Status: Lost Forever
UPDATE: https://patch.com/new-jersey/caldwells/motor-bankOn May 14, 2018 the Motor Bank was demolished. Images of the demolition can be found at:
The Caldwell Motor Bank is a prime example of the expressionist architecture of the late 1950s and 1960s. Consisting of three pavilions connected by an undulating thin-shell concrete roof structure, the building combines and signifies two major design trends of the era: the development of an innovative programmatic function within an equally progressive architectural form. The building is currently vacant and the property is for sale. Redevelopment of this site puts the building at a high risk for demolition.
The Caldwell Motor Bank was built for the National State Bank of Caldwell New Jersey as a free-standing drive-in bank facility. Unlike most drive-in facilities, the Caldwell Motor Bank was not a part of a larger, more conventional banking office. Embracing the expanding use of the automobile, as part of the wide-spread move to the suburbs, the Caldwell Motor Bank was located on a prominent corner on Bloomfield Avenue in Caldwell’s central business district. The building is especially unique as there are very few free-standing drive-in bank facilities. Built in 1963 by the well-regarded Livingston NJ firm of Rotwien + Blake, the building exhibits a strong geometric presence with its three pedestal-like pavilions, each with a drive-in window. The structures are linked with underground storage and service space as well as the concrete roof above. The roof is visually separated from the pavilions with a deep-set reveal, giving the appearance of the roof floating above the structures below.
The development of the expressive thin-shell structural roof dates to the experimentation with reinforced concrete in the early part of the 20th century that then became much more prominent in the large-scale development of the postwar era. The most progressive architects of the time were employing these sculptural forms as both an indication of their structural prowess and as a new type of architectural expression. Architects such as Felix Candella of Spain, who was an important mentor to Santiago Calatrava – designer of the new WTC Transit Hub; the Italian Pier Luigi Nervi, designer of the Port Authority George Washington Bridge Bus Terminal with its distinctive roof; Jorn Utzon, the Danish designer of the celebrated Sidney Opera House; and Minoru Yamasaki who designed the multi-vaulted Lambert Field Air Terminal in St. Louis and later the original WTC towers, were all widely published. These important buildings and much more like them were great influences on local architects practicing throughout the country. Few of the local examples which can trace their lineage back to these master architects still exist. The Caldwell Motor Bank is a rare example of this important influential period in modern architecture. Caldwell New Jersey is fortunate to have a prime extant example in such a prominent location.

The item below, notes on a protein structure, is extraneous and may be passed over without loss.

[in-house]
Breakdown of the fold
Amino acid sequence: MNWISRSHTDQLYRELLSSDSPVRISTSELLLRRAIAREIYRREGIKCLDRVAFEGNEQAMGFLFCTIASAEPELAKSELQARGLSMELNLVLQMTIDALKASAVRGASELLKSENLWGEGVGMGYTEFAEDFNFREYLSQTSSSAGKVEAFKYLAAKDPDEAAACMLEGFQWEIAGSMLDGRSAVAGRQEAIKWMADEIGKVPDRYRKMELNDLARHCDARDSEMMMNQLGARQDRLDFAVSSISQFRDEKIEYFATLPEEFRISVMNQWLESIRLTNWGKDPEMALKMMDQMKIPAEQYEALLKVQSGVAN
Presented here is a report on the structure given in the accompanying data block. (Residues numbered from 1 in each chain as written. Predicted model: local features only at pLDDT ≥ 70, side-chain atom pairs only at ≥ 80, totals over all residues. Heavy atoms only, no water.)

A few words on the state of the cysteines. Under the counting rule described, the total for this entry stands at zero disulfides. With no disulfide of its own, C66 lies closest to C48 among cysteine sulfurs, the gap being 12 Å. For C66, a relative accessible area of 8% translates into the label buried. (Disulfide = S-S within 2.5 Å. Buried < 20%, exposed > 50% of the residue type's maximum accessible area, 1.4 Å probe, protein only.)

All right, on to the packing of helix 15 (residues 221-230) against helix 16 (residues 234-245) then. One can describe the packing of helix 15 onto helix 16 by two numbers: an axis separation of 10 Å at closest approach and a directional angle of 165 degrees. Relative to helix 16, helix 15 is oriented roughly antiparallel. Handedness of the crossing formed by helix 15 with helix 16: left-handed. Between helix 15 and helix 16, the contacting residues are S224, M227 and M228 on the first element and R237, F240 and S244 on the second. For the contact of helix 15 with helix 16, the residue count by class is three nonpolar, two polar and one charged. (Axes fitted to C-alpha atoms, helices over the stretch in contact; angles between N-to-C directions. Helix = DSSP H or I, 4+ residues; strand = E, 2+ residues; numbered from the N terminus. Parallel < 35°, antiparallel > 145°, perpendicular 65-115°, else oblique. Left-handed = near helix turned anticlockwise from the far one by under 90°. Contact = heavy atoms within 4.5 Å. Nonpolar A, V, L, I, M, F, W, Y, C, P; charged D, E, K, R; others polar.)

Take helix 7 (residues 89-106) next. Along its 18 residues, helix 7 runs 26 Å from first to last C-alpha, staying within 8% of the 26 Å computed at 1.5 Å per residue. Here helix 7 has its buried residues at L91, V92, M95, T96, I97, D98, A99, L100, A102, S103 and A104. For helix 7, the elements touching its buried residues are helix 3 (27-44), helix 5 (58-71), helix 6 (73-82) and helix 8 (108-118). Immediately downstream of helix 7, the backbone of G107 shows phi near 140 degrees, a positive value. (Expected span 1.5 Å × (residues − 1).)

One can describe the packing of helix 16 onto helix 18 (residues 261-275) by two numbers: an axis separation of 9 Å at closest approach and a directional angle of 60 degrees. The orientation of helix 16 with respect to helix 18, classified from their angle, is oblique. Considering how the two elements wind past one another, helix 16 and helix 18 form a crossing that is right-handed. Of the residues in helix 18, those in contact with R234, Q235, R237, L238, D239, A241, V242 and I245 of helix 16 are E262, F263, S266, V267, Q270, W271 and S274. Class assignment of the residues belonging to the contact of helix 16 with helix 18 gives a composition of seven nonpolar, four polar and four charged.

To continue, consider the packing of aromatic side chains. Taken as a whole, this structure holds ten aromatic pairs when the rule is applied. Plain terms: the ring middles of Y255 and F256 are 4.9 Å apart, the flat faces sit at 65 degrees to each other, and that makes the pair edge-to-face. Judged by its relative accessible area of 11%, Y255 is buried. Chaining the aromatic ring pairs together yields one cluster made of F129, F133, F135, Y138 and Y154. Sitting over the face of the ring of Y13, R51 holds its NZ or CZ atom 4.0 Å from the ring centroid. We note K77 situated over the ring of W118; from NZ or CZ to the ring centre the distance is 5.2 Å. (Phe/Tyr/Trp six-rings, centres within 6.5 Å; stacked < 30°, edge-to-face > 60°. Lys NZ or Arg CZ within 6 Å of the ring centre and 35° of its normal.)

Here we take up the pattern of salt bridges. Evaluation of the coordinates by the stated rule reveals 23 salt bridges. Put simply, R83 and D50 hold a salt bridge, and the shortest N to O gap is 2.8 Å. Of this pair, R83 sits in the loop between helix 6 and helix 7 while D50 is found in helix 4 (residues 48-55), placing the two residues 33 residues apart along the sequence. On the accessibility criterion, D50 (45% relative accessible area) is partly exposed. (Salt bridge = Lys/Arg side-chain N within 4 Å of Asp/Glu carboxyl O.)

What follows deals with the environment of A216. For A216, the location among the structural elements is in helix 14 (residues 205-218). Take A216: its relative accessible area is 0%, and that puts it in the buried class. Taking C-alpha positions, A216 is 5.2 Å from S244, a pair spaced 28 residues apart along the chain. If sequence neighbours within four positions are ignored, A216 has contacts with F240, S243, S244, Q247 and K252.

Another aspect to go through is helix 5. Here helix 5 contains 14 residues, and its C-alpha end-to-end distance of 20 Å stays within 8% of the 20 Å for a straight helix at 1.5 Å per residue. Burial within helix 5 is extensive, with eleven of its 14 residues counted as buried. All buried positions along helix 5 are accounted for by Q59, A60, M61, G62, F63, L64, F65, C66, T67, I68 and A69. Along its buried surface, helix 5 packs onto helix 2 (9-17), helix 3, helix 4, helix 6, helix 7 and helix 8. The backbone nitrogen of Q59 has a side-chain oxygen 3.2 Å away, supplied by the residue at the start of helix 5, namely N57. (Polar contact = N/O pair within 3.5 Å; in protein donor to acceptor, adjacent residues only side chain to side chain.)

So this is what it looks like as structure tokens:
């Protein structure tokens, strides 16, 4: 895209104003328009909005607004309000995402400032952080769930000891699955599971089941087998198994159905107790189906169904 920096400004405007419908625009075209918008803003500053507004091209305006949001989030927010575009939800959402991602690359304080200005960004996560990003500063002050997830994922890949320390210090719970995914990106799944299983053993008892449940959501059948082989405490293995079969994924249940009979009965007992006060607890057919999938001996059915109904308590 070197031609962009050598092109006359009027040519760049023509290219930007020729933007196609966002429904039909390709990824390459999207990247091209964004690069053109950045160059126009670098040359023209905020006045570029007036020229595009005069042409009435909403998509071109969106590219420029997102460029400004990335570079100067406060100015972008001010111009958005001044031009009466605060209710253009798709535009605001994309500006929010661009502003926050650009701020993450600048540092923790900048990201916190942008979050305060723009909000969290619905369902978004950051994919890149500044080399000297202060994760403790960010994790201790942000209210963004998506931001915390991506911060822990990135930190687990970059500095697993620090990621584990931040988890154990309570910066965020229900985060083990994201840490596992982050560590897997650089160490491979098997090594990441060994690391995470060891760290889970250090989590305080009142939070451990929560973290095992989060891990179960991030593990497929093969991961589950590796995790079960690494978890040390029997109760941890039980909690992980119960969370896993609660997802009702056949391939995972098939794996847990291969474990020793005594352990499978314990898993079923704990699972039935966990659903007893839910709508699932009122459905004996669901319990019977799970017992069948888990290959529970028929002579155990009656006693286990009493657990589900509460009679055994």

Through a series of mergers and acquisitions in the banking industry over the last quarter century, the ownership of the property has changed hands multiple times. Last owned by Wells-Fargo Bank, the facility closed two years ago and was sold to a local businessman in late 2015, who has since listed the property for sale. Its location at the corner of Bloomfield Avenue and Central Avenue renders the site quite valuable and thus vulnerable for demolition and redevelopment.
With the consolidation of banking institutions and the high reliance on ATMs for consumer bank transactions, the continued use of the original function of the Caldwell Motor Bank is highly improbable. However, a number of alternate uses could be considered and are especially feasible at this high trafficked intersection in downtown Caldwell. Uses such as a dry cleaner drop-off and pickup, common in cold weather New England; a drive-in coffee/pastry shop prevalent in the southwest U.S.; or a delivery service pickup station would all take advantage of the location, easy off-street access, and the pass-through windows. Multiple tenants could utilize the facility. An alternate approach could take advantage of the large cantilevered roof structure, which provides an ample amount of covered open air space and more outdoor land surrounding the structure. A community farmer market during the day could share the facility with an evening outdoor dining and beer garden similar to the successful conversion of a gas station into the Filling Station Beer Garden in Flemington, NJ. The adaptive reuse in Flemington has become a de facto community town center on its traditional Main Street. The retention and adaptive use of this architecturally distinguished building in this prominent location have the potential to provide community benefits to the town of Caldwell never possible with the original banking use and most unlikely with a replacement.
Robert S. Kaplan, Chairman
Caldwell Historic Preservation Commission